* Rating agencies rate debt, don’t underwrite it
* Known market weakness won’t start statute of limitations
* Execs at Moody’s to testify Wednesday before U.S. panel
(Adds details, byline)
By Jonathan Stempel
NEW YORK, June 1 (Reuters) - A Manhattan federal judge said on Tuesday it is unfair to hold Moody’s Investors Service and Standard & Poor’s liable as “underwriters” on securities offerings needing their ratings, as he rejected fraud claims by investors on the safety of $63.4 billion of mortgage debt.
U.S. District Judge Jed Rakoff offered his assessment in an opinion detailing the reasons behind his March 31 dismissal of class-action claims against the credit rating agencies.
The judge dismissed some claims against some Merrill Lynch affiliates of Bank of America Corp (BAC.N), JPMorgan Chase & Co (JPM.N); the ABN Amro unit of Royal Bank of Scotland Group Plc (RBS.L) and C-Bass, which packaged debt underwritten by banks.
He nonetheless allowed some claims to proceed against a Merrill unit and some Merrill officials, saying the investors were not on notice that their mortgage-backed securities, rather than mortgage debt in general, were losing value, and thus triggering a one-year time limit in which to sue.
The opinion came on the eve of testimony on Wednesday about credit ratings by Moody’s Chief Executive Raymond McDaniel, five other current and former Moody’s officials and billionaire investor Warren Buffett before the Financial Crisis Inquiry Commission, which is examining causes of the 2008 meltdown.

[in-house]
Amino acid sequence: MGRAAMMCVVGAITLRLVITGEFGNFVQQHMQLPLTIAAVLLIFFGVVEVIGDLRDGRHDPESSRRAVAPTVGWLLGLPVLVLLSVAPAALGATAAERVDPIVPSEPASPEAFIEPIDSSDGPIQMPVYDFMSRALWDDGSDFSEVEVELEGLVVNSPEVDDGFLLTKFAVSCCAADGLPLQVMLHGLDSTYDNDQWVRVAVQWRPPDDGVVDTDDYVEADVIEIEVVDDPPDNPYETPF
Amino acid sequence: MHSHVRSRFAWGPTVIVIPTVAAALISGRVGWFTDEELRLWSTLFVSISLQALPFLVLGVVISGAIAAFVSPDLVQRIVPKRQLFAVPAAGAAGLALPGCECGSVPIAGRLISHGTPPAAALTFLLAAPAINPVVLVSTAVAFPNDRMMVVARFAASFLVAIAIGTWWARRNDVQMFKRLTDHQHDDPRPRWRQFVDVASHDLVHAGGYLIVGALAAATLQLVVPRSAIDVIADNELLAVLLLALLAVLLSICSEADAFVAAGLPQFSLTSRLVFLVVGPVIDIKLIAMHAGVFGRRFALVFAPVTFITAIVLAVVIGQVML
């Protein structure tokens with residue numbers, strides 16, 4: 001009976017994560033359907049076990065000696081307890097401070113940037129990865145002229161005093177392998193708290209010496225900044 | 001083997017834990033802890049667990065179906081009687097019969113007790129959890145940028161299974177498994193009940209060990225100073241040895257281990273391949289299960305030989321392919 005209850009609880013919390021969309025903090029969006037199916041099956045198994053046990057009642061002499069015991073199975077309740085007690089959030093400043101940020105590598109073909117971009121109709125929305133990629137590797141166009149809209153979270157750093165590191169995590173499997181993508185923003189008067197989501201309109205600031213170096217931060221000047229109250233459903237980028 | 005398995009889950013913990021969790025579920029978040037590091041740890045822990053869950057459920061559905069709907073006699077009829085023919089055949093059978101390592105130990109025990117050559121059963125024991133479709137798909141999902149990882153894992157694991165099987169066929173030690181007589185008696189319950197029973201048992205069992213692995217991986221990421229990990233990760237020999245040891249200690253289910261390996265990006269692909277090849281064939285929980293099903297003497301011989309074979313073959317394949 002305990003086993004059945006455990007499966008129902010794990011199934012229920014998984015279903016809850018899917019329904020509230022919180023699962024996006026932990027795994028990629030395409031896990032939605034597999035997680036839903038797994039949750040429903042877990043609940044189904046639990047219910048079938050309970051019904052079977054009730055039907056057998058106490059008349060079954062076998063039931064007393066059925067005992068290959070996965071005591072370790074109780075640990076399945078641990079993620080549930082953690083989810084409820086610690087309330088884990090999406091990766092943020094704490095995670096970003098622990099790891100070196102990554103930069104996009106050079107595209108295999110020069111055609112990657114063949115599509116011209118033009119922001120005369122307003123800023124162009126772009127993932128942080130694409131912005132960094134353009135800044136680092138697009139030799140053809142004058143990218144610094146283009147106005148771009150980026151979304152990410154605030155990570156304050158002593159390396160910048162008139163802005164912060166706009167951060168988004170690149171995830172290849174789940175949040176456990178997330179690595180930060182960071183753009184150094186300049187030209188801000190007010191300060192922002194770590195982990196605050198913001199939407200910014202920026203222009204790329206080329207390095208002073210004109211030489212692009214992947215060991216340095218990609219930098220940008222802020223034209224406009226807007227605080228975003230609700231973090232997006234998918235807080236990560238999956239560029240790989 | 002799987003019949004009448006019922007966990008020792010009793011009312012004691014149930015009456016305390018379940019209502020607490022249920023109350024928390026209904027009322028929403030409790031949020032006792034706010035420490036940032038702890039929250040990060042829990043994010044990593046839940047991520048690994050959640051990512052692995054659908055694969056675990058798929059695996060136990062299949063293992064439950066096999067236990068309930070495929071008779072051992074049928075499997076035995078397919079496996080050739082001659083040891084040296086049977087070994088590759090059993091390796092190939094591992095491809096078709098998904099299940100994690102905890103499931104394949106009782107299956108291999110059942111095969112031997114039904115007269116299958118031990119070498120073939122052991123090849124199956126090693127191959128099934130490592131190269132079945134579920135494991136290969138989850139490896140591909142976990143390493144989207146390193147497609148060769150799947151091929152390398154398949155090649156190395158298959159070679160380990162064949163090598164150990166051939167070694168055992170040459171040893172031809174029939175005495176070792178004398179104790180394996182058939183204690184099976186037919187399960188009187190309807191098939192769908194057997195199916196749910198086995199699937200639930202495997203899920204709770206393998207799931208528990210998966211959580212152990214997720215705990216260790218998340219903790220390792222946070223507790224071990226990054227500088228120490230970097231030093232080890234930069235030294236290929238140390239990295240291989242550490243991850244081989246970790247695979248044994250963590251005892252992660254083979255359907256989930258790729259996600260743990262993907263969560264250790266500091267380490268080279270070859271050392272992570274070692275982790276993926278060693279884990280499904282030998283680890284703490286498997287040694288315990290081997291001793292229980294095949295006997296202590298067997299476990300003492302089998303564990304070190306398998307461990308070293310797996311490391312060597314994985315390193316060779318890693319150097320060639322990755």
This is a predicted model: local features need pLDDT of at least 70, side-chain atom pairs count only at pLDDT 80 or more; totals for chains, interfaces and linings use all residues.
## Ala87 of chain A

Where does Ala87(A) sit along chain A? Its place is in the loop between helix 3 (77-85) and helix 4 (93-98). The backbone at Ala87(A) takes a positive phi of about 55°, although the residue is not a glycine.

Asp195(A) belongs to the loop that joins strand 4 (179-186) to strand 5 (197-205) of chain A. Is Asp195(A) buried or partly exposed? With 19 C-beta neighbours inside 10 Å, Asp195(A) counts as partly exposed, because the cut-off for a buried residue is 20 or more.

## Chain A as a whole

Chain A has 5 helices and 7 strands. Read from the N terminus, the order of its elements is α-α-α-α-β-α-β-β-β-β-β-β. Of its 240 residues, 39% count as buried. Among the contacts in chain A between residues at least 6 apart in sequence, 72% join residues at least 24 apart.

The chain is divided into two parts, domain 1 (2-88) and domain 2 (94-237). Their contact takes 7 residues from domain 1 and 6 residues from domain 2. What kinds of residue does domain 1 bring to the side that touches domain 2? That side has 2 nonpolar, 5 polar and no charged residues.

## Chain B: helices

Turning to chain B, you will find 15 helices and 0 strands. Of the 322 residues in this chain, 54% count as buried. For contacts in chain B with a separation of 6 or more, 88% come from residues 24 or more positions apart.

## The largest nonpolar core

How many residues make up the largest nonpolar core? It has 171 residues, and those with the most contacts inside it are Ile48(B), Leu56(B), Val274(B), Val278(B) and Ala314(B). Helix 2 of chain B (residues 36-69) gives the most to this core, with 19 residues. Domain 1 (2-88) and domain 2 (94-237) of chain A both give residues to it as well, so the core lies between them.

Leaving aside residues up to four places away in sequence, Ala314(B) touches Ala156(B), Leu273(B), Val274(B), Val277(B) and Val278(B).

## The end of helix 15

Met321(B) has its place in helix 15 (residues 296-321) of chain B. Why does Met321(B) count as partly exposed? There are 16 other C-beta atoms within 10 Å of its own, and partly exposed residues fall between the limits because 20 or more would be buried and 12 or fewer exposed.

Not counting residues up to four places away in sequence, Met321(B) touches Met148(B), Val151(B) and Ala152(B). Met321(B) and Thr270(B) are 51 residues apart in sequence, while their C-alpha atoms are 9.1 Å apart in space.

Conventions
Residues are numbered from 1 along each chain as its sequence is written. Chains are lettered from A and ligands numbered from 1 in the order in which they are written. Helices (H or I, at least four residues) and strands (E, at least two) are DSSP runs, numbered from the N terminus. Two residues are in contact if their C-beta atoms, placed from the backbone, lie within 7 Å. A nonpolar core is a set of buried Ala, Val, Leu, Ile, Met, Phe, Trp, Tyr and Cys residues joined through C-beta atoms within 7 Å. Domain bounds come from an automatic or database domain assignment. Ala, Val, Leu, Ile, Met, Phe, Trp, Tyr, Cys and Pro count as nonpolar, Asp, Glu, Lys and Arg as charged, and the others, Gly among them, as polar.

Plaintiffs led by the Public Employees’ Retirement System of Mississippi had accused rating agencies and several banks of misleading them about the safety of 84 mostly investment-grade offerings of residential mortgage-backed securities.
The plaintiffs said the securities they bought were in fact of a much lower quality and, after being downgraded to “junk” status in April 2008, were worth much less than they paid.
In his opinion, Rakoff rejected the contention that rating agencies should be treated effectively as underwriters because their ratings were “necessary” to distribute the securities.
“There is nothing in the complaint to suggest that the ratings agencies participated in the relevant ‘undertaking’ -- that of purchasing the securities ... from the issuer with a view to their resale,” he wrote.
Rakoff also dismissed claims on the 65 of the 84 offerings that the named plaintiffs did not actually buy, saying it would be too late to add plaintiffs to the lawsuit who did.
Moody’s is a unit of Moody’s Corp (MCO.N) and S&P is a unit of McGraw-Hill Cos Inc MHP.N. They have been widely criticized for fueling the crisis by assigning high ratings for too long and then downgrading them too fast.
“This opinion is significant in two respects,” said Carla Walworth, a partner at Paul, Hastings, Janofsky & Walker LLP in New York who represented C-Bass, whose full name is Credit-Based Asset Servicing & Securitization LLC.
”First, the judge takes a strict and I think well-supported view on who can be strictly liable for misrepresentation on these MBS offerings,“ she said. ”He’s not going to open the door to let investors sue every party that might be involved.
“Second, even though there was a lot of information in the market calling into question the viability of the investments, that unless investors are put on notice as to actual fraud in the making of their very investments, it is not enough to put them on notice that they have a claim.”
Moody’s spokesman Michael Adler and S&P spokesman Frank Briamonte said they were pleased with Rakoff’s opinion. Bank of America spokesman Bill Halldin and RBS spokesman Michael Geller declined to comment. Representatives of the plaintiff and JPMorgan did not immediately return requests for comment.
The case is Public Employees’ Retirement System of Mississippi et al v. Merrill Lynch & Co et al, U.S. District Court, Southern District of New York, No. 08-10841. (Reporting by Jonathan Stempel; editing by Lisa Von Ahn and Andre Grenon)